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How the RESPONSE Act Could Hurt Students Struggling With Their Mental Health

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Sometimes the news isn’t as straightforward as it’s made to seem. Christa Marie, A Mighty contributor, explains what to keep in mind if you see this topic or similar stories in your newsfeed. This is The Mighty Takeaway.

On Wednesday, Sen. John Cornyn (R-TX) released the RESPONSE Act, a new bill designed to help prevent mass shootings in public schools. The bill would require public schools to monitor students’ online activity, flagging behavior that is considered alarming, including self-harm. The goal is to identify students who might become violent, while also offering more supports and resources to students who are struggling, including increased access to mental health services.

A press release for the bill states it will “incentivize” schools to prevent mass violence through internet safety:

Incentivize schools to enforce Internet safety polices that detect online activities of minors who are at imminent risk of committing self-harm or extreme violence against others in order to provide students with the services they need and prevent possible violence.

While I think we can all agree that increased mental health services in schools sounds like a good plan, some aspects of this bill are concerning. The act has an alarmingly significant emphasis on self-harm, but most people who self-harm are not violent. Those who do engage in dual-harm — violence directed at both themselves and others — are frequently both victims and witnesses of family aggression, which brings up additional concerns. According to The Guardian, when this monitoring technology is put into practice, school officials notify parents immediately when a student’s behavior online is considered cause for concern. Online behavior can include anything from emails sent from the student’s school email account or social media monitoring.

As someone who grew up in a violent home environment — and who has a history of self-harming behaviors — I personally found this quite alarming. I still have flashbacks of what happened when my family discovered I was self-harming several years ago, and I haven’t seen that family member in person in over a year. For students living in violent environments, informing their parents of the concerns may bring up even more challenges for them instead of increasing their supports, and this may become a physically and emotionally unsafe situation. Additionally, it’s important to mention that even those who do engage in dual-harm are not necessarily likely to engage in the type of mass violence that school shootings fall under, although this topic is one that research still needs to explore.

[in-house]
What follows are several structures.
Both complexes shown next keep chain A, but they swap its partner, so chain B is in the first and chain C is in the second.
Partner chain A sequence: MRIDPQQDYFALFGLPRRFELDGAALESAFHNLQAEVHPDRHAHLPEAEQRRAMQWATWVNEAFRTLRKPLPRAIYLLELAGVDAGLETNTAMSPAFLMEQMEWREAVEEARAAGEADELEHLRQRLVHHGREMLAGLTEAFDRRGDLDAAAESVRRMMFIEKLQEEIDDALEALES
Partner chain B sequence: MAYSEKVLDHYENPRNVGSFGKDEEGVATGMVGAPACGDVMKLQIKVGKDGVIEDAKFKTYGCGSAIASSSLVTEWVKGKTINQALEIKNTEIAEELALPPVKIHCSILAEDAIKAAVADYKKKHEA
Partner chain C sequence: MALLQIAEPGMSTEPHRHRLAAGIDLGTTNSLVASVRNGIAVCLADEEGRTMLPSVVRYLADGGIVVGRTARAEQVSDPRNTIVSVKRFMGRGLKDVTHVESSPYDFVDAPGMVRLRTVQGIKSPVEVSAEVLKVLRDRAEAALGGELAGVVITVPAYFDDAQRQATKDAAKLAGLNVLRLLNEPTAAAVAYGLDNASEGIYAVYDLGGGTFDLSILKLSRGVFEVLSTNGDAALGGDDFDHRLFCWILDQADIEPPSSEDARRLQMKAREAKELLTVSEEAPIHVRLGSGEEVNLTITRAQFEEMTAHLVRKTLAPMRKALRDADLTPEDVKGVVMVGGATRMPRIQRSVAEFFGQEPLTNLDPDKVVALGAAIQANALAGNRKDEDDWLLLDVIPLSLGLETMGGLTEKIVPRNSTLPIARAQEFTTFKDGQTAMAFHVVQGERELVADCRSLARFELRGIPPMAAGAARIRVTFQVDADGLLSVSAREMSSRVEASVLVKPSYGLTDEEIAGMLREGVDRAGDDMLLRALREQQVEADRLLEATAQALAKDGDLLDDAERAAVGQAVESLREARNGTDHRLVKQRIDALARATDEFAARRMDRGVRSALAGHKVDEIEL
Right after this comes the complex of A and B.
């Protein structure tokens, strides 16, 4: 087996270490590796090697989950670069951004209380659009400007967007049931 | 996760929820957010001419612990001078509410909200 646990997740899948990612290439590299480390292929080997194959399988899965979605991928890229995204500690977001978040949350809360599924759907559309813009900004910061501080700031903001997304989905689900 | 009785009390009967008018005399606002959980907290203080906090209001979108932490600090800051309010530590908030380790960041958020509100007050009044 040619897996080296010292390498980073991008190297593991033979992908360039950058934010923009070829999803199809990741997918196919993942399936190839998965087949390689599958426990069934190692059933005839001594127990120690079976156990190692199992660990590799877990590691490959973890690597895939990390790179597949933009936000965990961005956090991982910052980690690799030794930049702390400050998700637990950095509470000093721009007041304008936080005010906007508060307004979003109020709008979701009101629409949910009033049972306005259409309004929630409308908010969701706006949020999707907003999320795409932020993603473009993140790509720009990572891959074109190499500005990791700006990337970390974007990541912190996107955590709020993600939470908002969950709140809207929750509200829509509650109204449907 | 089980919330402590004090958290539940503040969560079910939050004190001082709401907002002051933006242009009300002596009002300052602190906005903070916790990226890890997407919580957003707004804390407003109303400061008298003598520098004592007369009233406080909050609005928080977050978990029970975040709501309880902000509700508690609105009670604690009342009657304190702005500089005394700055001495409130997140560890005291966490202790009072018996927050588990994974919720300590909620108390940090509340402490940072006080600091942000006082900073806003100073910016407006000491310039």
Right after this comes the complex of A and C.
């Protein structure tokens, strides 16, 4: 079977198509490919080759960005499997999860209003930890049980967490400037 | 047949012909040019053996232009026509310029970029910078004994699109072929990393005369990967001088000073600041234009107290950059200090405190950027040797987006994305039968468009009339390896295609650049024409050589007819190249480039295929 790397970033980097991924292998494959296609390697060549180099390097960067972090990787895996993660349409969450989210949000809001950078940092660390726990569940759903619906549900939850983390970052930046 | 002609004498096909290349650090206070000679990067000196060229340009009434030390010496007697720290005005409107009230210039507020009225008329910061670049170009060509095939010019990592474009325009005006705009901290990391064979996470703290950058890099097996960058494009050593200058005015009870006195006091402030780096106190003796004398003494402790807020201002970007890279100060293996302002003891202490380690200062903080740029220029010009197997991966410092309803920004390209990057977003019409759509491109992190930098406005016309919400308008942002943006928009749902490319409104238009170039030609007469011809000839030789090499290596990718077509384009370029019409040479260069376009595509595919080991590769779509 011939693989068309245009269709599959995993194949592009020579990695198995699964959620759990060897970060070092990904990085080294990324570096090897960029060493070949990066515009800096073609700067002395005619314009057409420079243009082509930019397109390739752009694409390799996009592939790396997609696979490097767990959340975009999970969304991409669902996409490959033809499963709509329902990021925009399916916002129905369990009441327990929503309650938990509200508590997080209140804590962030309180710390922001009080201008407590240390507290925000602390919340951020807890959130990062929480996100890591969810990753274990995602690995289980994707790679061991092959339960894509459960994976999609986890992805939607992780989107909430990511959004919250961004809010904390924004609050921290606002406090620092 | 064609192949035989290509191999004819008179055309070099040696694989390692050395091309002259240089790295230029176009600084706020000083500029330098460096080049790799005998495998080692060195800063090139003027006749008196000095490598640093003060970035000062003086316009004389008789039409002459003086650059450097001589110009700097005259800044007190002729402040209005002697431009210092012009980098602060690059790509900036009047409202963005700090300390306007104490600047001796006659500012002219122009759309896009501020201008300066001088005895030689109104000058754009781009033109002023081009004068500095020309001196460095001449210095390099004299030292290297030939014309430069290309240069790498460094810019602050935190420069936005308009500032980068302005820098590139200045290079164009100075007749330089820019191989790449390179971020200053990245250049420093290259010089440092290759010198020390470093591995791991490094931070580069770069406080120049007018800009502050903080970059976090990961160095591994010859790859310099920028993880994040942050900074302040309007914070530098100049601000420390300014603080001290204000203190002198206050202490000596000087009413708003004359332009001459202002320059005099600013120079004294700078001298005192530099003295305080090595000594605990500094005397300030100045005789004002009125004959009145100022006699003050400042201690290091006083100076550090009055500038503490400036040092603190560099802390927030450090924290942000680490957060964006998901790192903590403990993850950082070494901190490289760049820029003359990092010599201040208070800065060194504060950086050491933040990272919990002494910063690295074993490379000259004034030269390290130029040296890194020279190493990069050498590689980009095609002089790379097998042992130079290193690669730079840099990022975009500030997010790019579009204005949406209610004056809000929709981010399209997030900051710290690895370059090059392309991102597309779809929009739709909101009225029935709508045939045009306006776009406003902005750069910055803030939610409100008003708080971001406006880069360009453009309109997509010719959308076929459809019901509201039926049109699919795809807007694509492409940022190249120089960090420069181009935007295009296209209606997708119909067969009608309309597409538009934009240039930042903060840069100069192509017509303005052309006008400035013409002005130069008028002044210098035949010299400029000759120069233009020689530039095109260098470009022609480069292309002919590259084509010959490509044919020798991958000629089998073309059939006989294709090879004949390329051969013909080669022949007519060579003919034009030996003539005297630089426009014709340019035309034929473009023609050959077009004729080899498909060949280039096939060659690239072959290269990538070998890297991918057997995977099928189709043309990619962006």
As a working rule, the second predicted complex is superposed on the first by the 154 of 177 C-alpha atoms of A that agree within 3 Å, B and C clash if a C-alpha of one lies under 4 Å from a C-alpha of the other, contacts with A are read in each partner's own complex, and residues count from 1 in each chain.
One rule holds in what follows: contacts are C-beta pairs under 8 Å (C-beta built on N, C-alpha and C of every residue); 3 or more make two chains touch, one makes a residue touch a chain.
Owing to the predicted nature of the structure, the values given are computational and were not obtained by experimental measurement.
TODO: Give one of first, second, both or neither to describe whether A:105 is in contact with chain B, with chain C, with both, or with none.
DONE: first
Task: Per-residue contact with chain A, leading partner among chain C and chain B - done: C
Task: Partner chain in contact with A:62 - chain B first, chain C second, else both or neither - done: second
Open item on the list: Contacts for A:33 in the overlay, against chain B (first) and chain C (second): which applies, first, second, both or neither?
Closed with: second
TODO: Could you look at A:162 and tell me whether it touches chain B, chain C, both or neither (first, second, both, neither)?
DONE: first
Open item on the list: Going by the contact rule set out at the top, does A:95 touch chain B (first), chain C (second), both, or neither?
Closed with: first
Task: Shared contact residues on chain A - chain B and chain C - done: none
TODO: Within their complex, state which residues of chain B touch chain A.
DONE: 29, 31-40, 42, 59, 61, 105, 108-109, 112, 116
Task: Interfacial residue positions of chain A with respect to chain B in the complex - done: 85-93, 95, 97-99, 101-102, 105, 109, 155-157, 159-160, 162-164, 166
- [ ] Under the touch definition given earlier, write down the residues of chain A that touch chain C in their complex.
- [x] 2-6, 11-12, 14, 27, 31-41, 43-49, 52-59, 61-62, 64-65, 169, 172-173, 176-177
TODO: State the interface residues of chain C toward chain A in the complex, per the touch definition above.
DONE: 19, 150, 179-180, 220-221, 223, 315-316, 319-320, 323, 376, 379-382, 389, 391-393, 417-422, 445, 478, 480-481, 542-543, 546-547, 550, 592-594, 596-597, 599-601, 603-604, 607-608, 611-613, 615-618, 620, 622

While this bill might not pass, it’s important to start a conversation about this topic, as schools are already implementing this kind of technology, despite little evidence of its effectiveness. This lack of privacy may decrease students’ levels of trust as well as the likelihood of self-disclosure. Students’ awareness of being monitored may lead to social isolation, which is associated with increased mental health concerns and defeats the initial purpose of monitoring their activity.

Given the Secret Service reports being unable to pin down a specific profile of school shooters, it’s also important to discuss the significance of bias within the human or software-based analysts monitoring students’ activity. Analysts with inaccurate presumptions may unnecessarily flag behavior that is not a genuine cause for concern, which is particularly alarming when considering students who are part of historically oppressed or marginalized communities. Given that these students already face disproportionate amounts of extreme disciplinary action, it’s important to consider how this could affect both the mental health and education of these students. If a student is routinely being pulled out of class when there is no genuine cause for concern, they then miss valuable instruction time, creating an array of educational challenges. Additionally, perceived discrimination is associated with an increase in mental health challenges, such as depression, anxiety and suicidal ideation.

As someone who has worked in schools for the entirety of my adult life, I understand the sense of urgency that arises when discussing school shootings. We want to ensure students’ safety by any means possible, and rightly so — but it is important to ensure that we are not implementing measures that are not only ineffective but also harmful in other ways. While preventing school shootings is important, we don’t have evidence that supports this invasion of student privacy. It’s not worth the harm it could cause.

Originally published: October 25, 2019
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